Read July 2015
As always it’s easy and hard to read Ali Smith – easy as her writing style is no natural and flowing, hard because it’s unconventional and doesn’t always follow standard punctuation and patterns.
Anyway this book was great. Part I focuses on the 15th century artist who was largely unknown and had a mixed sense of gender, and looks at what it is to be an artist and to find your way in the world. Part 2 is about a teenage daughter of an academic / activist who is trying to find her way after her mothers death, whilst discovering whether or not she is gay.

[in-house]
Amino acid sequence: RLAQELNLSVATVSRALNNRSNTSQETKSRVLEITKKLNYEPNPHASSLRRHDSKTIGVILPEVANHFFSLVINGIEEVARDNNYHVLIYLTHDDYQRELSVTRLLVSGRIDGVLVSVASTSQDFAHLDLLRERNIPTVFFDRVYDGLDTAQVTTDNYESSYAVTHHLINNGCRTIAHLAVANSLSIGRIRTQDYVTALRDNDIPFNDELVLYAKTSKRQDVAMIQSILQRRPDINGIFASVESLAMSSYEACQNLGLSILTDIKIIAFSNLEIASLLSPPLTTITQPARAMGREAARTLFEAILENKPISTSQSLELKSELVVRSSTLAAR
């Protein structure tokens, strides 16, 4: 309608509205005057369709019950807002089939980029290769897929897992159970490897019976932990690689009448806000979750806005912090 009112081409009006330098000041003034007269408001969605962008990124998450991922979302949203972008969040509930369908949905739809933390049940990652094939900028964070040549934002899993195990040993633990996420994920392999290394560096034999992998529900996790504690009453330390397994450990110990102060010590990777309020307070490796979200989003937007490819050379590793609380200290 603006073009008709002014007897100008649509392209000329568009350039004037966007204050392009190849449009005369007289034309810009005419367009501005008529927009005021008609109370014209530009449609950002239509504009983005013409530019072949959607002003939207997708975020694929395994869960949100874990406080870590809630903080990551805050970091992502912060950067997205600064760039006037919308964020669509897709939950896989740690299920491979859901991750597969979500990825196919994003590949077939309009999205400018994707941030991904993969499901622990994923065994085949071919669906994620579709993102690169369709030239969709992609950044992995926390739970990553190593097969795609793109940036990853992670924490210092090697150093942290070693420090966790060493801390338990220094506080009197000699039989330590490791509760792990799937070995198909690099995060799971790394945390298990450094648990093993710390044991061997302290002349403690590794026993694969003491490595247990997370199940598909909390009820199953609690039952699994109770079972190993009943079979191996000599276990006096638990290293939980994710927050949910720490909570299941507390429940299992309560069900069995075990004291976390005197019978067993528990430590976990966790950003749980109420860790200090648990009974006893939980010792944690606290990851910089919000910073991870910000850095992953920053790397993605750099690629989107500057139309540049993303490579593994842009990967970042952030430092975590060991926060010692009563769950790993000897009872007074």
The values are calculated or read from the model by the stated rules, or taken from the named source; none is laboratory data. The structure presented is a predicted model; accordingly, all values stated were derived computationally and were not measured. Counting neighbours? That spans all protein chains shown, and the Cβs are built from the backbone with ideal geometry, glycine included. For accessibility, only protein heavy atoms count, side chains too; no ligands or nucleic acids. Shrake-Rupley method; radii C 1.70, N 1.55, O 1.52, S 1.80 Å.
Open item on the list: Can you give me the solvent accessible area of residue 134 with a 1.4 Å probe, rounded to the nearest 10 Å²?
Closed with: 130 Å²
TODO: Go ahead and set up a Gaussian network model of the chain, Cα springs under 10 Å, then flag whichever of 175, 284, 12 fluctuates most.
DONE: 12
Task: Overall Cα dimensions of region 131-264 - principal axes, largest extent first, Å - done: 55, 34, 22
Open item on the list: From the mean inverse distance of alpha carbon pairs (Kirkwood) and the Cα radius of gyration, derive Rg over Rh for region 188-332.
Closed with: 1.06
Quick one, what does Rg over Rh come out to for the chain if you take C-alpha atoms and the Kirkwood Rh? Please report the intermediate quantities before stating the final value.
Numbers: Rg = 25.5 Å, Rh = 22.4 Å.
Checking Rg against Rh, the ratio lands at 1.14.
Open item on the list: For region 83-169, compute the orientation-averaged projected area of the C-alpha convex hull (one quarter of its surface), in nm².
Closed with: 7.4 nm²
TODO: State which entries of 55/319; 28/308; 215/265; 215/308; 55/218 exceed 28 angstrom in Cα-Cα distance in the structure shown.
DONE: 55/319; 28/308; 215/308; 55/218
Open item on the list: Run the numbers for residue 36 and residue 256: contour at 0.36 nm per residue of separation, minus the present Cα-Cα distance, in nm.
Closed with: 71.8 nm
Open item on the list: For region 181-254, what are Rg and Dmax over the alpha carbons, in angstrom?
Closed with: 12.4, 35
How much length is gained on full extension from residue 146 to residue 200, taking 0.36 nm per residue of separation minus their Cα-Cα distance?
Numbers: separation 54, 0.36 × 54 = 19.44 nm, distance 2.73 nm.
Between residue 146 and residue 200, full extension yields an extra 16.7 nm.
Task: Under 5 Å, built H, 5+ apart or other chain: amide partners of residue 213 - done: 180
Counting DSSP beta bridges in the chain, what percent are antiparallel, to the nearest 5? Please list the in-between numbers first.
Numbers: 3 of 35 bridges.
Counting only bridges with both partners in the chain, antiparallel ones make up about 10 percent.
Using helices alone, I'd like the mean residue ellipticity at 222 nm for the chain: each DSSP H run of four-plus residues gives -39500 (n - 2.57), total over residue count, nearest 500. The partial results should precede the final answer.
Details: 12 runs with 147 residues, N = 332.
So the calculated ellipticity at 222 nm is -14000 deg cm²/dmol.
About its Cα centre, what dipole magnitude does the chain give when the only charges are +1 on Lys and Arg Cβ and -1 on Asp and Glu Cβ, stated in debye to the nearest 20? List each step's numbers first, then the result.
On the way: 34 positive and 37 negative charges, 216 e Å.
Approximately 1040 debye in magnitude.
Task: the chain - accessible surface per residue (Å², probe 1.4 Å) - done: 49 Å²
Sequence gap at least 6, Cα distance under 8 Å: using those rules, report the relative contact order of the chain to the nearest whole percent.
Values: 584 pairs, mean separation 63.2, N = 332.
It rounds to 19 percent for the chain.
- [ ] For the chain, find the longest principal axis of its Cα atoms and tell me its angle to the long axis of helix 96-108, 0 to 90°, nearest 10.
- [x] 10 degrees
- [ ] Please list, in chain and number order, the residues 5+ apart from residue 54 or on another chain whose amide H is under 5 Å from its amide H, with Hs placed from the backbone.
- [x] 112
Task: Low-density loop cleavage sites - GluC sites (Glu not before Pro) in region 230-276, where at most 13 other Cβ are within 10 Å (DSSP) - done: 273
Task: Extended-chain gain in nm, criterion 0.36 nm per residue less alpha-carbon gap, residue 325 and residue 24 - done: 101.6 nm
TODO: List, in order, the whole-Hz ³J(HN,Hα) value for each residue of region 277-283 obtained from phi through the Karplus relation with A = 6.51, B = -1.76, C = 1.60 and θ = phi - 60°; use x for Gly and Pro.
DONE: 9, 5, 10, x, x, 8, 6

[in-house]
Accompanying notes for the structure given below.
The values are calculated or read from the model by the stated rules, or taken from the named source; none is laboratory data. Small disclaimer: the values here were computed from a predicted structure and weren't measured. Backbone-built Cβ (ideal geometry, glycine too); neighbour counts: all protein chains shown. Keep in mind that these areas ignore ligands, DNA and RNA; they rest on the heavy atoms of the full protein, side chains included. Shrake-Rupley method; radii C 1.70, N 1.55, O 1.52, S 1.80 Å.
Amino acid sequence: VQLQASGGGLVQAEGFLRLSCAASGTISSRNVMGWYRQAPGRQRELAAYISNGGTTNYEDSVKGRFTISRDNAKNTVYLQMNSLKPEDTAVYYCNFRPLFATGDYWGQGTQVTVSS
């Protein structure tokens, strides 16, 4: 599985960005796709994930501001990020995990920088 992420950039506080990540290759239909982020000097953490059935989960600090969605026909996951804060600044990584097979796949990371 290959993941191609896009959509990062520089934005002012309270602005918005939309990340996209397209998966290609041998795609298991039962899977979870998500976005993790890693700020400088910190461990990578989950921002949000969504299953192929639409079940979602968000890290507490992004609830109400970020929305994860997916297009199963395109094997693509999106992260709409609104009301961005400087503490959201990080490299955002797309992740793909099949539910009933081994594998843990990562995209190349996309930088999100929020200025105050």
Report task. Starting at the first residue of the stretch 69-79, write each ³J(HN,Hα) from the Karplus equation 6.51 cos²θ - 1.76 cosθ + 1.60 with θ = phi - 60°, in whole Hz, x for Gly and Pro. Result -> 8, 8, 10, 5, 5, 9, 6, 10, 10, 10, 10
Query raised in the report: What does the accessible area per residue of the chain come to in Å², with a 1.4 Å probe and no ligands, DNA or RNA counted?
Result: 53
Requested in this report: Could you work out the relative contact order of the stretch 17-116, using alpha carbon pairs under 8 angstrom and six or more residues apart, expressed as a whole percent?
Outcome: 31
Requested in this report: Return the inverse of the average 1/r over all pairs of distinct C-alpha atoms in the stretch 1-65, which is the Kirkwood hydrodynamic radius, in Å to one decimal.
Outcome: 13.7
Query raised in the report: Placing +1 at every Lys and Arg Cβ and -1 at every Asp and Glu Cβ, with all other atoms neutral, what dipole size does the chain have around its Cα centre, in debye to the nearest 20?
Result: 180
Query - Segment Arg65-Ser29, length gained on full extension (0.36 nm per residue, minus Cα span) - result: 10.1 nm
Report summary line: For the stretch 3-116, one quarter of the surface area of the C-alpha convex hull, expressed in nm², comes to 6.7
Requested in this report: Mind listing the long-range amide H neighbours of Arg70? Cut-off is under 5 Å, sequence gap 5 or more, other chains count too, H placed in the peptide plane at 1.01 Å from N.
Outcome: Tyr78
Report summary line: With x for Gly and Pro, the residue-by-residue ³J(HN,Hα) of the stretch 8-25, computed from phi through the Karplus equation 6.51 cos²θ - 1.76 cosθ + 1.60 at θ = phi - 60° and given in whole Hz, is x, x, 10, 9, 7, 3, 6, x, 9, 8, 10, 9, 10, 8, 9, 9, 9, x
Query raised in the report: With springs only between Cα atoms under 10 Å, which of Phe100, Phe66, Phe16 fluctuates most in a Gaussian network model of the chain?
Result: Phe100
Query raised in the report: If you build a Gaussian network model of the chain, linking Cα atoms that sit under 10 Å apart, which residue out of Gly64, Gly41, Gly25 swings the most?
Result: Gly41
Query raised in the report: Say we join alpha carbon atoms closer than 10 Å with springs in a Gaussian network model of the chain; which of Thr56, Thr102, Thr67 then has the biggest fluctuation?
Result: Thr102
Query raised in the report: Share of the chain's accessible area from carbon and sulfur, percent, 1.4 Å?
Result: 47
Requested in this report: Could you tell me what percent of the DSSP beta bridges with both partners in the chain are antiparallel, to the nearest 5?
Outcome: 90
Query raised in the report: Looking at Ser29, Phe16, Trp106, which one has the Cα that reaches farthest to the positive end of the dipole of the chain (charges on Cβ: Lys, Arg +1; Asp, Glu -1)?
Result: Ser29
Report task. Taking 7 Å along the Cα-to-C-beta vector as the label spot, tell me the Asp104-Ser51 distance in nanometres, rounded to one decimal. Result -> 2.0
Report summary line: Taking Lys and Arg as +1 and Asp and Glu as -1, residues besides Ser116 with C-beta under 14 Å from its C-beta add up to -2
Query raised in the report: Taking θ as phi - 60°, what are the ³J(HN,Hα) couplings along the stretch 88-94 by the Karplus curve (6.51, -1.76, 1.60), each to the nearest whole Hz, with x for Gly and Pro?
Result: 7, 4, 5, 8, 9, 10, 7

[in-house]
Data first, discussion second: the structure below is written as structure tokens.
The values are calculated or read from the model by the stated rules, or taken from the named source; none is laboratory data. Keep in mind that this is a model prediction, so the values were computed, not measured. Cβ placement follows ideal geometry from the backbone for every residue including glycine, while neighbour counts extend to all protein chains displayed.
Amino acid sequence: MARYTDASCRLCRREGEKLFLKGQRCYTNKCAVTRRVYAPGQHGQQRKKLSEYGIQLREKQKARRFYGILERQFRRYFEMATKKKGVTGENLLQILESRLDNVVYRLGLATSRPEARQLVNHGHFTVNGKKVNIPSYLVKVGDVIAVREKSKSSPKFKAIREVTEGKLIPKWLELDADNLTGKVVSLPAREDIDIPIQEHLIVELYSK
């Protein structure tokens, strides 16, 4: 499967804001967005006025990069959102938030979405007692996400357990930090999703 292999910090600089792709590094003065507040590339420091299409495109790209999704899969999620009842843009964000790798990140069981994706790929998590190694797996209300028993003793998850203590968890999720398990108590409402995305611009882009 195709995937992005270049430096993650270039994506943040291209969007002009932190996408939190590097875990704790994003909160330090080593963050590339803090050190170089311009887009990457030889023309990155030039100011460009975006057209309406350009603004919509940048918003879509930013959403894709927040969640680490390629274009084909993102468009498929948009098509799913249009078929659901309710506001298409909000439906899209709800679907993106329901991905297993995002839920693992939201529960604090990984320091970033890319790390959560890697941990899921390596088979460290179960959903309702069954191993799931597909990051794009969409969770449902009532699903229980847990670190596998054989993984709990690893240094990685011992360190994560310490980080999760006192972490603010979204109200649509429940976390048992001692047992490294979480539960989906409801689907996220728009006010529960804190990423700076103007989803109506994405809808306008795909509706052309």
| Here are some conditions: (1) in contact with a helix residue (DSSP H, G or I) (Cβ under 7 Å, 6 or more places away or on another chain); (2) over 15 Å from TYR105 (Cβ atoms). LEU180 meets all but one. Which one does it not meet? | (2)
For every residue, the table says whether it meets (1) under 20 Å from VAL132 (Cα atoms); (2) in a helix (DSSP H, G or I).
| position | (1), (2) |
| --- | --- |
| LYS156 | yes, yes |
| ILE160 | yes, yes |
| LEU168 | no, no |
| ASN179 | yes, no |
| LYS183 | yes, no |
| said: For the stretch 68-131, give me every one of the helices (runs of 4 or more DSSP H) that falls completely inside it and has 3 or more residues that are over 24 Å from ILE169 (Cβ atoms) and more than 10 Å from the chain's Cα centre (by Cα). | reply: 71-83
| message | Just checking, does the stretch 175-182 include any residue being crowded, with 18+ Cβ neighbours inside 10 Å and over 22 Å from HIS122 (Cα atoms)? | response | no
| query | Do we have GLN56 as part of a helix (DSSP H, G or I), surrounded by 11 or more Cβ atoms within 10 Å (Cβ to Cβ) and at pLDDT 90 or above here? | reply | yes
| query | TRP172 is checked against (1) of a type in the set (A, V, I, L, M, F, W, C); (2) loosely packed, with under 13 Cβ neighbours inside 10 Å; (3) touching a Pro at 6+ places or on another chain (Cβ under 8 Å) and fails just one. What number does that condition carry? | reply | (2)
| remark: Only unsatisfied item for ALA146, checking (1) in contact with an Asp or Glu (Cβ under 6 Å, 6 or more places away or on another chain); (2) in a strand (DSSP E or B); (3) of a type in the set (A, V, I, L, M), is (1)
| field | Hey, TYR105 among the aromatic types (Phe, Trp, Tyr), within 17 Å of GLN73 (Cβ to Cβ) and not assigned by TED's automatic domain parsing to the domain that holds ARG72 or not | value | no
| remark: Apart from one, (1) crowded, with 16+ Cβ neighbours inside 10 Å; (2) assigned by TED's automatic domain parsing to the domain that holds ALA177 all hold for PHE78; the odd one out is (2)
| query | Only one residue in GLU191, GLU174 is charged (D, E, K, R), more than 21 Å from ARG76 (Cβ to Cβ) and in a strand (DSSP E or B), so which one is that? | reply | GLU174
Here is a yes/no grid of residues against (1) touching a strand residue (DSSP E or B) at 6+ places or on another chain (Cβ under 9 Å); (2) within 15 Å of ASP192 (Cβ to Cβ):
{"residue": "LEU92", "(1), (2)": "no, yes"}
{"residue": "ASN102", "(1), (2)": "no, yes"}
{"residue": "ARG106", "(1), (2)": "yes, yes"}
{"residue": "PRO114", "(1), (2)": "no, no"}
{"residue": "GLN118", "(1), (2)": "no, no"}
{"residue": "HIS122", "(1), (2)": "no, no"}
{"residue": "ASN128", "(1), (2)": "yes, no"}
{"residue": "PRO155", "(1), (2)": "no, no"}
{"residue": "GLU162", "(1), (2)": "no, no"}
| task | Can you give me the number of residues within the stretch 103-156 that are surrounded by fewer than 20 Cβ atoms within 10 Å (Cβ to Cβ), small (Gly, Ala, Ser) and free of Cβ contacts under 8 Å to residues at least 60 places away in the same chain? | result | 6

I found the second story most gripping because the dialogue and the insight into the daughter’s mind is powerful. The earlier story was tougher going, it actually makes a lot more sense and you see new elements having read the second one.